Emergency Management of Priapism in the United Kingdom: A Survey of Current Practice

Nicholas Bullock, Martin Steggall, Gareth Brown

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Abstract

Background: Despite its importance, current practice in the emergency management of priapism in the United Kingdom is unknown.
Aim: To evaluate current practice in the emergency management of priapism in the United Kingdom.
Methods: All “full,” “associate urological specialist,” and “trainee” members of the British Association of Urological Surgeons (BAUS; leading membership-based organization for practitioners of urologic surgery in the United Kingdom) were invited to participate in an online survey. Questions related to the emergency management of priapism, access to tertiary andrology services, and use of guidelines.
Outcomes: Key outcome measures included frequency of encountered cases, access to specialist andrology support, confidence in key management steps, and use of current guidelines.
Results: 213 of 1,304 (16.3%) eligible members completed the survey. Most reported managing 1 case annually (median = 1, range = 0–>10). Only 7.0% transferred patients to a tertiary center and 87.8% believed they could access specialist andrology advice if required. Respondents were less confident in performing intracavernosal phenylephrine instillation (88.7%) compared with corporal aspiration (98.1%), with confidence lowest among trainee members. Only 68.5% reported performing the distal shunt procedure. Of the 212 respondents that chose to answer questions relating to guidelines, only 155 (73.1%) were aware of their existence, with those published by the European Association of Urology being most popular (53.8%). 205 (96.2%) respondents expressed an interest in the development of a UK-specific guideline, with 162 of 212 (76.4%) stating they would use this in practice.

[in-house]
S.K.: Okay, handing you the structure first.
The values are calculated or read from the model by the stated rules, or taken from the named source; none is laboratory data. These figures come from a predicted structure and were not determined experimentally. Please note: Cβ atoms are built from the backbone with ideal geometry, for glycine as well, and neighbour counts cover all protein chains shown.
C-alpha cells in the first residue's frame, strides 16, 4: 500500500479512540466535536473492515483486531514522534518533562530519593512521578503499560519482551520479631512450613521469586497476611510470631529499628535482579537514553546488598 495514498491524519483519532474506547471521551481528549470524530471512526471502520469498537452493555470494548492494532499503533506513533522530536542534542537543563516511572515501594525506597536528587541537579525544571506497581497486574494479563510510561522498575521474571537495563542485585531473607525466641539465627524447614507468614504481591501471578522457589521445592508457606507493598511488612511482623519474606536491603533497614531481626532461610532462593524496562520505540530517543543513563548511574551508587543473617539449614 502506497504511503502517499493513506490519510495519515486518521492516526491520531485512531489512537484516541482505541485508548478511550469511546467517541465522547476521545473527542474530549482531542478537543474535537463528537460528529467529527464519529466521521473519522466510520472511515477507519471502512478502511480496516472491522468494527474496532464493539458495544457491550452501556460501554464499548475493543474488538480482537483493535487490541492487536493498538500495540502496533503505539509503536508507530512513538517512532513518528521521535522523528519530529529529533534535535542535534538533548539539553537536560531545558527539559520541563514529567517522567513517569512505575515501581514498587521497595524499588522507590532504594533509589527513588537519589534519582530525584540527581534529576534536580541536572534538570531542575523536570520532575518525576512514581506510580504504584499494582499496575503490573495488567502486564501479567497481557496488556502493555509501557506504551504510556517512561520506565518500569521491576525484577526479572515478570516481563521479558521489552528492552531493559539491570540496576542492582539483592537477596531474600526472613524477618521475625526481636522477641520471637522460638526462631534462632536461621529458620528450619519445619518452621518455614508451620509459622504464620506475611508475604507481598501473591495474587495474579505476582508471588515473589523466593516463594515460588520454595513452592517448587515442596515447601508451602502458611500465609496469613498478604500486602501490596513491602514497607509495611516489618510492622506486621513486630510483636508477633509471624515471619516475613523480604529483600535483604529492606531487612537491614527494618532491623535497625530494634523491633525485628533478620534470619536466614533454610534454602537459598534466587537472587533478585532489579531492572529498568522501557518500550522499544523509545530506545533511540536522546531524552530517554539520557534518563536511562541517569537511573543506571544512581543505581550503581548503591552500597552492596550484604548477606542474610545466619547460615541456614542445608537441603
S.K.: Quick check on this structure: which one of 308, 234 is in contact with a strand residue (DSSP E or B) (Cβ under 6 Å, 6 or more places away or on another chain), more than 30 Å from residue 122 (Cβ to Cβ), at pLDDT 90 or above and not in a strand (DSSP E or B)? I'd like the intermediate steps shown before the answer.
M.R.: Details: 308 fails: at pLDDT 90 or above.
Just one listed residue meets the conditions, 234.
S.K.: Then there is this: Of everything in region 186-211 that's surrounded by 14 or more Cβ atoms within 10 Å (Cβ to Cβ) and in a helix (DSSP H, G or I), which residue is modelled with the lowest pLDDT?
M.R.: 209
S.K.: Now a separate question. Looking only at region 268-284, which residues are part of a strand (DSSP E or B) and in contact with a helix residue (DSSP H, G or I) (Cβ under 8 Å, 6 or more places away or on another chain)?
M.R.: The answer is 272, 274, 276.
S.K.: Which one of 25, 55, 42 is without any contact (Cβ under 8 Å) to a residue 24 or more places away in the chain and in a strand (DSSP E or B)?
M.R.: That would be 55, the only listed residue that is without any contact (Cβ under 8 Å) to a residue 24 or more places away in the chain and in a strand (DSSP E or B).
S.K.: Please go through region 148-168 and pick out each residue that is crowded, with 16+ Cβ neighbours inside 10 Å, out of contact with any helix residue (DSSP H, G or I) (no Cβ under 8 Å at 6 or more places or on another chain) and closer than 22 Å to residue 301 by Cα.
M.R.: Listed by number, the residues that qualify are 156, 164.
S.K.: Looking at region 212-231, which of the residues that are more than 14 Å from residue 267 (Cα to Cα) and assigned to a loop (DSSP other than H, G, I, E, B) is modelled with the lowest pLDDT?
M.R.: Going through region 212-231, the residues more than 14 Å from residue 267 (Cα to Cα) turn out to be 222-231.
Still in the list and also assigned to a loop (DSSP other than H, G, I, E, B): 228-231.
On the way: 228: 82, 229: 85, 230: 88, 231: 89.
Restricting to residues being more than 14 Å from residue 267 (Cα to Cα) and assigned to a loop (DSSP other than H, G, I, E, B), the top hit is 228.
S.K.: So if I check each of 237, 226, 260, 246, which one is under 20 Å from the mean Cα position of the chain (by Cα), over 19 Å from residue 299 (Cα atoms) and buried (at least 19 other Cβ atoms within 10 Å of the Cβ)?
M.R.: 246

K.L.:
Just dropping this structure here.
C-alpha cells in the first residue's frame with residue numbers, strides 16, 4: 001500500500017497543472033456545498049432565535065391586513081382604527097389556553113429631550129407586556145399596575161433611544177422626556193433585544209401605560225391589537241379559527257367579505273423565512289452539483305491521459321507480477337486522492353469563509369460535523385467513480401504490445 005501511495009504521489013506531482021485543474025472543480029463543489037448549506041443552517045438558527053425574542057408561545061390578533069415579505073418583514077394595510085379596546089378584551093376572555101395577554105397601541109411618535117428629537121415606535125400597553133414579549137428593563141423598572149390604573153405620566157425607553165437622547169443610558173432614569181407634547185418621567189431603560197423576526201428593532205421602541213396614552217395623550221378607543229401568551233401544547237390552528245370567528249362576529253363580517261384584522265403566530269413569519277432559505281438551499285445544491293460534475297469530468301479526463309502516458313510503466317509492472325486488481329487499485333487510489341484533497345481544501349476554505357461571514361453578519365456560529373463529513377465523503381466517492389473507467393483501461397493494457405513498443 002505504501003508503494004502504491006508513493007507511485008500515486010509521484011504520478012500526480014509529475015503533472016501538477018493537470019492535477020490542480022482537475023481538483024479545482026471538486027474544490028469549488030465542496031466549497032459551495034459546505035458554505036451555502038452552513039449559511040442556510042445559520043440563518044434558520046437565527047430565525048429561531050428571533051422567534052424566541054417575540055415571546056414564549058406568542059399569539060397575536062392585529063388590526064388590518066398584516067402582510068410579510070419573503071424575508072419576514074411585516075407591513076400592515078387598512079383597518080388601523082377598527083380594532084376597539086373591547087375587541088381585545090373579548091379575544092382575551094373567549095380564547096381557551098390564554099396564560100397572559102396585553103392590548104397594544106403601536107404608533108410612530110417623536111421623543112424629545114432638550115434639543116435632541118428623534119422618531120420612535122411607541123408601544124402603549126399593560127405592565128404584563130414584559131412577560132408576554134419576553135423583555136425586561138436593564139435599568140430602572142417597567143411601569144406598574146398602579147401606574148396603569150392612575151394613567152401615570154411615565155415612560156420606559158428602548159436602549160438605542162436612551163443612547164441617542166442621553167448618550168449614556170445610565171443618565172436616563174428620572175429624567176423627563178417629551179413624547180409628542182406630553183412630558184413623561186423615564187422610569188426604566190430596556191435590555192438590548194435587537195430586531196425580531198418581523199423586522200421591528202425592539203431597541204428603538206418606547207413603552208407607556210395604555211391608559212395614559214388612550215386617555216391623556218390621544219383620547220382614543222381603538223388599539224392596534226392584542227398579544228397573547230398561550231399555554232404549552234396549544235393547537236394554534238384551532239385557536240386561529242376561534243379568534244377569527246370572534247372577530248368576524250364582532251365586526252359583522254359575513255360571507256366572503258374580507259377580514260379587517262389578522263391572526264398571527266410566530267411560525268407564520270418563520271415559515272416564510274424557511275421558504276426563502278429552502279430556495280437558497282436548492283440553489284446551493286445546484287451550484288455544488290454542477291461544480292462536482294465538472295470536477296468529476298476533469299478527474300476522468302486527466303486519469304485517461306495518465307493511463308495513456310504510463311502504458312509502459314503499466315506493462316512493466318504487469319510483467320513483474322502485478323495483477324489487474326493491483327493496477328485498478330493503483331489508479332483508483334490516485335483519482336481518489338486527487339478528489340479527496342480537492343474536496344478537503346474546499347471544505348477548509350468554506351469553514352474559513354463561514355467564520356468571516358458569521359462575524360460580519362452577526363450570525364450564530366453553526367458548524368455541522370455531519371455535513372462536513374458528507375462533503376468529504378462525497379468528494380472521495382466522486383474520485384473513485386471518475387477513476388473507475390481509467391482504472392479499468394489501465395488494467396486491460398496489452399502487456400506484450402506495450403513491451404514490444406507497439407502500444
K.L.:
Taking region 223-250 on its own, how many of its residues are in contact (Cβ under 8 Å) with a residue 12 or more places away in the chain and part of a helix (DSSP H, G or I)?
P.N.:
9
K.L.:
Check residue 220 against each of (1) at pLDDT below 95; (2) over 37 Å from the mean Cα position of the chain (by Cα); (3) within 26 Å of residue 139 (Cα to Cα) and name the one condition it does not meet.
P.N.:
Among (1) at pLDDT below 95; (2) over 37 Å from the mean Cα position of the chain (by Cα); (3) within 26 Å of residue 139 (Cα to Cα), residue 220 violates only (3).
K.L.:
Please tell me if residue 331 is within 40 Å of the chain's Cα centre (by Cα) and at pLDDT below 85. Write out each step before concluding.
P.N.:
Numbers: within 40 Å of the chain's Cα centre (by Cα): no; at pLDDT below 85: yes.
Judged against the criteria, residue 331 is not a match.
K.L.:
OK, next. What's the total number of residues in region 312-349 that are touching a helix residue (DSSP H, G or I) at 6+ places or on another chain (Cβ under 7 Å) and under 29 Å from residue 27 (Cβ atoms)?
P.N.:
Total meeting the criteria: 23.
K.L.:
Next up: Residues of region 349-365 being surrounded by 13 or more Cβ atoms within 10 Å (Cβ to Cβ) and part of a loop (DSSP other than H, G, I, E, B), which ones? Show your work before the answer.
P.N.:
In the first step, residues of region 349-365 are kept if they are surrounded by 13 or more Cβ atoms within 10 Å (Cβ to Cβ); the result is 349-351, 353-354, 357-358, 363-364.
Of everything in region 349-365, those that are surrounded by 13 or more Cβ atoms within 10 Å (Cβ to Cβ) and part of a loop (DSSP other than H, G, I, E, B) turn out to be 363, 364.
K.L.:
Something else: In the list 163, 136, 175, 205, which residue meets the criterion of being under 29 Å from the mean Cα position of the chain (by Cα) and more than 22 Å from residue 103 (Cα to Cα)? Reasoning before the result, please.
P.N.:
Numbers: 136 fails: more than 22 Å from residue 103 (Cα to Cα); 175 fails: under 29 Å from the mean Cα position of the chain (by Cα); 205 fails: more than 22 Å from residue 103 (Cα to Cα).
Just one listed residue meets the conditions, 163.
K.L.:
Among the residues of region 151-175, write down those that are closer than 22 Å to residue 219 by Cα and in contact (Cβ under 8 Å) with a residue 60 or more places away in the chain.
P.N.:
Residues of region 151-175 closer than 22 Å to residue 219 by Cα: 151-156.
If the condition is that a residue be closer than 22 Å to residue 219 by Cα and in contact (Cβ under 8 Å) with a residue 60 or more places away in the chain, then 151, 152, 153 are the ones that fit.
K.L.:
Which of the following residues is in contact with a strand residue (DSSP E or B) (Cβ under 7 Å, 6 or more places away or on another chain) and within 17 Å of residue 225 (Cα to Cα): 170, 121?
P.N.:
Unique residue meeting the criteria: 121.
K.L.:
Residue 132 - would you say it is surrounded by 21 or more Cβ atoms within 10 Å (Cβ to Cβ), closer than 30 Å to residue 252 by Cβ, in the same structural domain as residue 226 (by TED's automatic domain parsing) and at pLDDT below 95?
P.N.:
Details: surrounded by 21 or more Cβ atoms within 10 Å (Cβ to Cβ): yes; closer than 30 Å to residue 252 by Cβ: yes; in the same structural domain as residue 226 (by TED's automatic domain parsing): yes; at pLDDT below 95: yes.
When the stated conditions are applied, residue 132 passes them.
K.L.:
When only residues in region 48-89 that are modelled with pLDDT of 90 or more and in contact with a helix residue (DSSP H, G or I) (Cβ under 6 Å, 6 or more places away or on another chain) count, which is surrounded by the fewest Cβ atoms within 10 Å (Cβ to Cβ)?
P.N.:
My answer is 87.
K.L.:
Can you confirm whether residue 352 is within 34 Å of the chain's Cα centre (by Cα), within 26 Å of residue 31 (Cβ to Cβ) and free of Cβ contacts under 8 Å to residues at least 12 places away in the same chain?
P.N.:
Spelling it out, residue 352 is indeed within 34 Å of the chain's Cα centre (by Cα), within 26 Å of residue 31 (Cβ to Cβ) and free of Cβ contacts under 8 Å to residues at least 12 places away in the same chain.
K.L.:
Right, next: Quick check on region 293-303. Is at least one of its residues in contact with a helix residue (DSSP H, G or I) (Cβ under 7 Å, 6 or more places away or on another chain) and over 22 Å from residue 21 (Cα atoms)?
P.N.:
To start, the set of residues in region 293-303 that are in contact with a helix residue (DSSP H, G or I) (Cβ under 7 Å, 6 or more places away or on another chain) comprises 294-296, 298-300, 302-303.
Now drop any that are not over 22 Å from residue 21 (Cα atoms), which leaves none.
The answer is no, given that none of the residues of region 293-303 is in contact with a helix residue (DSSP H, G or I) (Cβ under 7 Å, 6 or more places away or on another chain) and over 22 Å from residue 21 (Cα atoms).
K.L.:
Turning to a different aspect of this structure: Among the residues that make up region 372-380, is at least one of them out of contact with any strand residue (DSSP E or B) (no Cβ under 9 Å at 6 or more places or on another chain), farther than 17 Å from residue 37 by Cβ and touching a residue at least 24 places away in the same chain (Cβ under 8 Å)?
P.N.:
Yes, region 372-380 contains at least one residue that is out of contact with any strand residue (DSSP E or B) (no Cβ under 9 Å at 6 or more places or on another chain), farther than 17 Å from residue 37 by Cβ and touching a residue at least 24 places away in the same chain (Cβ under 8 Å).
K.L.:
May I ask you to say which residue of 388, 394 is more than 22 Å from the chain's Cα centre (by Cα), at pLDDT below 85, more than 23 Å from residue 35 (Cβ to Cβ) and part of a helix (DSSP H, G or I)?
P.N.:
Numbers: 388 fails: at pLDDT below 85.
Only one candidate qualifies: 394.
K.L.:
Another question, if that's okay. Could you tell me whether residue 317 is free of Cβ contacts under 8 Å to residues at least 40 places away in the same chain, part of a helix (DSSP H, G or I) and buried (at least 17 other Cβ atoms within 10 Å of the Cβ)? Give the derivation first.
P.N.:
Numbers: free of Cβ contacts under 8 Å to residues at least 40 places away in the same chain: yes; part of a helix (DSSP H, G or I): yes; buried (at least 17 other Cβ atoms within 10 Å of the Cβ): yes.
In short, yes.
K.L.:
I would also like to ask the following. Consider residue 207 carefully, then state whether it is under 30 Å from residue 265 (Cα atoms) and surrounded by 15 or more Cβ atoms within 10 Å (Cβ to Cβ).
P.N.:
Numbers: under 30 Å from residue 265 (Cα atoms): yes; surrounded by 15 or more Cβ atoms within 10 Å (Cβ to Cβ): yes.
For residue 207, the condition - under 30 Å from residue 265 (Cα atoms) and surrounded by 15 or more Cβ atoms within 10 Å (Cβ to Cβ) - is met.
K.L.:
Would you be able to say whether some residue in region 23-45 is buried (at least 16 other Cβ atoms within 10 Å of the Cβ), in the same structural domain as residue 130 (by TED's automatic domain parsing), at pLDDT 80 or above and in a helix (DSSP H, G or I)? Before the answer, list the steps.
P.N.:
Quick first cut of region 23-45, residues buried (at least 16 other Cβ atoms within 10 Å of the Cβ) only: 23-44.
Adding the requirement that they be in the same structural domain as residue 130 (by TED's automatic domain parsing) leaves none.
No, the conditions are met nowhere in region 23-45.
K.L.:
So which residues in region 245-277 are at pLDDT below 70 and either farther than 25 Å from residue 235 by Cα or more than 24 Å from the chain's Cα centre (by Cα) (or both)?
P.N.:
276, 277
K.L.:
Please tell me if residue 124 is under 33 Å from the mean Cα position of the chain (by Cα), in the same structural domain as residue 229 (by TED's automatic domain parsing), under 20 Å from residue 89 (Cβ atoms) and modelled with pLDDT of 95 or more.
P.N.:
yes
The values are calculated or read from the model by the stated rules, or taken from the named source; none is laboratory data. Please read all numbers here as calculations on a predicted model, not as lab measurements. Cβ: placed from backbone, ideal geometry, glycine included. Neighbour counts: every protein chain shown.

Clinical Implications: Urologists in the United Kingdom support the development of UK-specific guidance on the emergency management of priapism for use within the context of the National Health Service.
Strengths and Limitations: This is the first study to assess current practice in the emergency management of priapism in the United Kingdom. Its strength is that most UK urologists were invited to participate through collaboration with the BAUS. Although the response rate of 16.3% is acceptable for a national survey of this nature, responses were self-reported, rendering them susceptible to bias.
Conclusion: This study demonstrates that some UK urologists lack confidence in key steps in the emergency management of priapism and identifies a strong level of support for the development of up-to-date UK-specific guidance.
Original languageEnglish
JournalJournal of Sexual Medicine
Early online date14 Feb 2018
DOIs
Publication statusE-pub ahead of print - 14 Feb 2018

Keywords

  • Priapism
  • Emergency Management
  • Survey
  • United Kingdom
  • Guidelines

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